After a scorching first six months of the year, the Australian property boom has once again eased off the gas slightly in July, recording an increase in median property values of +1.6 per cent nationally, according to CoreLogic’s latest Home Value Index report.
That’s down from a monthly high of +2.8 per cent in March, suggesting a trend towards milder growth in the second half of 2021.
While interest rates remain at record lows, affordability (or the unaffordability of real estate, to be more direct) is beginning to price more buyers—first home buyers especially—out of the market.
It’s far from the end of the growth cycle, though, with plenty more steady gains forecast over the next 18 months.
National property values: July 2021
Houses Units $695,800
Monthly change: +1.8%
Monthly change: +1.2%
Although the rise in
property prices was slightly more subdued in July, the +1.6 per cent national increase still means the Australian median dwelling value jumped up more than $11,000 to $656,694. Monthly gains have taken a slight dip in July, though annual growth is still in the double digits all over Australia. Source: CoreLogic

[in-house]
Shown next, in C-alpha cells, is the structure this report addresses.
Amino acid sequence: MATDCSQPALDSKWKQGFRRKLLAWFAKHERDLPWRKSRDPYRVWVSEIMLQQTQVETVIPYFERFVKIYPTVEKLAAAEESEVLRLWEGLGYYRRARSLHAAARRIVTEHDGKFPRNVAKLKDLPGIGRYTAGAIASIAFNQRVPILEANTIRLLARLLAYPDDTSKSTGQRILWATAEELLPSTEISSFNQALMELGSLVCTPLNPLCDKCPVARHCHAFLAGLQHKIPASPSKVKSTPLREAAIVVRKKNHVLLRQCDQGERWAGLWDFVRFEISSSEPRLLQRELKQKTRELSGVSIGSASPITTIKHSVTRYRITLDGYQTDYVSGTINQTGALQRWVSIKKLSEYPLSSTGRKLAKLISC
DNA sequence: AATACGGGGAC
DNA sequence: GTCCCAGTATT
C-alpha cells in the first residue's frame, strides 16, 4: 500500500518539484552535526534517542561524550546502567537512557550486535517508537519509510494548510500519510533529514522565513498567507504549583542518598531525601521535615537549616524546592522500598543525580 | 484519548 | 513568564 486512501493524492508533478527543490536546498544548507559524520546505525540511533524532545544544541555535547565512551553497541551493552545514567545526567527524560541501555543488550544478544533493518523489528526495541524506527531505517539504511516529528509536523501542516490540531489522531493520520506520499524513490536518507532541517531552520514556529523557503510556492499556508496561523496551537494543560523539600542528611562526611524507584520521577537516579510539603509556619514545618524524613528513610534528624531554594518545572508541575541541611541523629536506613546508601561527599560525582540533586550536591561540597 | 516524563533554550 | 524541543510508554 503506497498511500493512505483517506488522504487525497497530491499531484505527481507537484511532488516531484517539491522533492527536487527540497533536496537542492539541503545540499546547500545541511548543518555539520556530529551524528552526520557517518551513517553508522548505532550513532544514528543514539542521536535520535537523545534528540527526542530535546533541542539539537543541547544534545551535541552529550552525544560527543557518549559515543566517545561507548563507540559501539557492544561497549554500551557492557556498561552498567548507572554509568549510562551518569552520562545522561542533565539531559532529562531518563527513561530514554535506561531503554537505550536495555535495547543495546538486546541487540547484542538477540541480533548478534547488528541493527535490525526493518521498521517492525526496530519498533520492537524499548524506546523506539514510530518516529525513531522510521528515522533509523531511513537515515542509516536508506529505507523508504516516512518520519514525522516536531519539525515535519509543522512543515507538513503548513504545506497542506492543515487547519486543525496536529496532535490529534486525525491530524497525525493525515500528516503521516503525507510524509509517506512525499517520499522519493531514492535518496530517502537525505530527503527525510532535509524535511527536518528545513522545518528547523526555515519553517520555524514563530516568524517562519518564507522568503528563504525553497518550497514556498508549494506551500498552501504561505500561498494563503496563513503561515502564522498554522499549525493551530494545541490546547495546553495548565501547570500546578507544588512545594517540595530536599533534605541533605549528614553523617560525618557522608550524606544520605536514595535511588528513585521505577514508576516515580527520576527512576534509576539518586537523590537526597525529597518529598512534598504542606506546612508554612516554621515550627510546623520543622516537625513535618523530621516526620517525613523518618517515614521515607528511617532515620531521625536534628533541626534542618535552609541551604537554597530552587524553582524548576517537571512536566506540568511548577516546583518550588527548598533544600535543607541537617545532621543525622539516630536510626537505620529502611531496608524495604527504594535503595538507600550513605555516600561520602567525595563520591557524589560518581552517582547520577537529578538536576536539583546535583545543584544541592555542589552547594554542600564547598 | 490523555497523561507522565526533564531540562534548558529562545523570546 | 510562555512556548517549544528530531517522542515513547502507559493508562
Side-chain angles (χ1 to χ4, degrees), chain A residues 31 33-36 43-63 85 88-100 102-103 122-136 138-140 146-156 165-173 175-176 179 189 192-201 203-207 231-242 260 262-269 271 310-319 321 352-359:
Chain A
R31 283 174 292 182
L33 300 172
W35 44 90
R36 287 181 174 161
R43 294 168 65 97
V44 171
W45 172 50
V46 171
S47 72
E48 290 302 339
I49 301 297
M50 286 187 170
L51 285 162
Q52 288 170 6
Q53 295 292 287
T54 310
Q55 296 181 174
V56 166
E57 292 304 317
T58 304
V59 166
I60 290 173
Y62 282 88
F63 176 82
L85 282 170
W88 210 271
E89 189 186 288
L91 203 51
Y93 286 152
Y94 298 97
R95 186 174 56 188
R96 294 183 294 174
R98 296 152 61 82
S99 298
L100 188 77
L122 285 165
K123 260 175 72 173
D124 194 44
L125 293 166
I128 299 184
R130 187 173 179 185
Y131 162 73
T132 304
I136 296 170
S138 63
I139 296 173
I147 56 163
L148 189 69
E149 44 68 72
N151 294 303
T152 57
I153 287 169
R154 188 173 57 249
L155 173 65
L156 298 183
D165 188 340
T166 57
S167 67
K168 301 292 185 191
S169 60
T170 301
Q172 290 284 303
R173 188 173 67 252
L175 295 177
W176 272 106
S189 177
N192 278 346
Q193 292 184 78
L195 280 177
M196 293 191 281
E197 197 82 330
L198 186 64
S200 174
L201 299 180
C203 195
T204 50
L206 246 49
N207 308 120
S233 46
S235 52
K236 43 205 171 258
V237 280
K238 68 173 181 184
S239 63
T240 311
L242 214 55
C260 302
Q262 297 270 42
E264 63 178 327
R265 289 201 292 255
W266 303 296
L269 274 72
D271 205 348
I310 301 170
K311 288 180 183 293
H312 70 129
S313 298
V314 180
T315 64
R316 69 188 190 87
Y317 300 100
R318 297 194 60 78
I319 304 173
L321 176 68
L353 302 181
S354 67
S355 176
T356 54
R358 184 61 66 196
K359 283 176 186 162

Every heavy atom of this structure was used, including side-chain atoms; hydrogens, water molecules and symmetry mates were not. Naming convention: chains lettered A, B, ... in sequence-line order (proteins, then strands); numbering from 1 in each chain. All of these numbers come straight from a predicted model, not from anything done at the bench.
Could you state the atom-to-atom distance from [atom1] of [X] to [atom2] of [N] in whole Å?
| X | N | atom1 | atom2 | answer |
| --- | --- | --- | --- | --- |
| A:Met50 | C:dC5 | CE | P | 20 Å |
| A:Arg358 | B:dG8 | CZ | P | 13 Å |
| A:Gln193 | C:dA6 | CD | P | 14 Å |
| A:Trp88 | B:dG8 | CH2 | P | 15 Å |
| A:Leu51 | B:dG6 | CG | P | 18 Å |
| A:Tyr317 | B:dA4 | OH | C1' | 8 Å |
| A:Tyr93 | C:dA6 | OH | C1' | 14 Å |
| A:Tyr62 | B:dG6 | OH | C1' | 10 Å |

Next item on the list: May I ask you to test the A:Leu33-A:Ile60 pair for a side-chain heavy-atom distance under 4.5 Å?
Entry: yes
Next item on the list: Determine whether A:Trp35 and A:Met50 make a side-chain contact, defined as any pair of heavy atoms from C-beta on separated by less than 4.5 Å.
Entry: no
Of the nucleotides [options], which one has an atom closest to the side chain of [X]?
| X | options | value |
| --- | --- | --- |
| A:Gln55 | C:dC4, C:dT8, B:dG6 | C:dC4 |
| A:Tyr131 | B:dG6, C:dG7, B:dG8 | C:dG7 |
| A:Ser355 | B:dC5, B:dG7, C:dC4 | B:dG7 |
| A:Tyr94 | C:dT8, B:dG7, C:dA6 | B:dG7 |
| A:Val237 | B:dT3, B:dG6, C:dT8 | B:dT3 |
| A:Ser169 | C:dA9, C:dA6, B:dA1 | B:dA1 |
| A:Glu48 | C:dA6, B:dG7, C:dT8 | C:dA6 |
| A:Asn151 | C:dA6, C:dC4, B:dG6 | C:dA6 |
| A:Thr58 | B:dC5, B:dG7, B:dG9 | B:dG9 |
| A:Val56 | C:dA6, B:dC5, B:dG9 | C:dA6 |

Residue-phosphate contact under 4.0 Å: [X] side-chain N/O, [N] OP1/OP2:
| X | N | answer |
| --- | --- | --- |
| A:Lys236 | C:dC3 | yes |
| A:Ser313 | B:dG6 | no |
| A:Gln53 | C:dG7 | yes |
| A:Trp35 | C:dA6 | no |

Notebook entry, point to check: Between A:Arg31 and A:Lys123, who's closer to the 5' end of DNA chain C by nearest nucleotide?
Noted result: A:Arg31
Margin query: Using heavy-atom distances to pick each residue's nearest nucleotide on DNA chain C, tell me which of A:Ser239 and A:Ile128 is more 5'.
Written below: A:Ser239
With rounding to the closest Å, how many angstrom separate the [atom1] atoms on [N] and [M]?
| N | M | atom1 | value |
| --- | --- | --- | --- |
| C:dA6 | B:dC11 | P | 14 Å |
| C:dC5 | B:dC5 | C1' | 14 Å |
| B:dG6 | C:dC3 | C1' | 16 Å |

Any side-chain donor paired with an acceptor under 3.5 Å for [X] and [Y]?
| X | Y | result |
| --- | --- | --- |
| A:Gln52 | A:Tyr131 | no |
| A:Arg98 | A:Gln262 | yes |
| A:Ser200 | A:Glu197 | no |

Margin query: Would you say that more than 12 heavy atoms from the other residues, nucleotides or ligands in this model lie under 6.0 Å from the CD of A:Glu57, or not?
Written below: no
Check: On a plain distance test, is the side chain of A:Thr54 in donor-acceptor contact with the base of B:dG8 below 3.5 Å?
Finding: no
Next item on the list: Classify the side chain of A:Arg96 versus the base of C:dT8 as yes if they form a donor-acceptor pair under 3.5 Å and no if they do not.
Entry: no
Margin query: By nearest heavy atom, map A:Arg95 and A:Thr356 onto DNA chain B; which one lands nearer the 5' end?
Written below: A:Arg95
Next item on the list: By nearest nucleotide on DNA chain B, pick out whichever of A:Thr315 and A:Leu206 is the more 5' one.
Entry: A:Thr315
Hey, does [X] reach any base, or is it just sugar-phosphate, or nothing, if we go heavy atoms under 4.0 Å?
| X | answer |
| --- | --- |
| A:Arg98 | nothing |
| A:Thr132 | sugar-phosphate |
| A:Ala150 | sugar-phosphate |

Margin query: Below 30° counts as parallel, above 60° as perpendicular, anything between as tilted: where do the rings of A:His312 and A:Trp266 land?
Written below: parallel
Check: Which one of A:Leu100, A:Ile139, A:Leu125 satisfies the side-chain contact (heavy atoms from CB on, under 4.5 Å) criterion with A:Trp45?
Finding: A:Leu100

CoreLogic’s research director, notes that “the +16.1 per cent lift in national housing values over the past year is the fastest pace of annual growth since February 2004, however the monthly growth rate has been trending lower since March this year.
Canberra continued its blinding run with a +2.6 per cent uptick for the month, making it the fastest-growing capital city in July.
A +2.0 per cent increase in Sydney well and truly nudged the locked-down Harbour City above the fabled $1 million high water mark, where the median home price now sits at $1,017,692.
Brisbane homes also jumped up by +2.0 per cent, while Adelaide, Hobart and Darwin all delivered above-average bumps of +1.7 per cent.
Melbourne, also dealing with its own lockdown, saw a +1.3 per cent boost to its home values, while Perth continued its sluggish run, turning in +0.3 per cent growth for the month.
Both capital cities and regional markets have dropped from their growth peaks of a few months ago. Source: CoreLogic
Looking outside the capitals,
regional markets closely mirrored their metropolitan counterparts.
Regional NSW had the biggest jump for the month at +2.0 per cent, while Tasmania, Queensland and Victoria all followed close behind with +1.8 per cent, +1.7 per cent and +1.5 per cent respectively.
CoreLogic’s report points out that, while regional markets were outpacing capital cities in the second half of 2020, that gap has now shrunk and the conditions in regional and metro markets are now evenly matched.
Affordability constraints are at the heart of the cooldown
With some cities surging more than +17 per cent in 2021 alone, buyers are experiencing pressures they never could have imagined during last year’s downturn.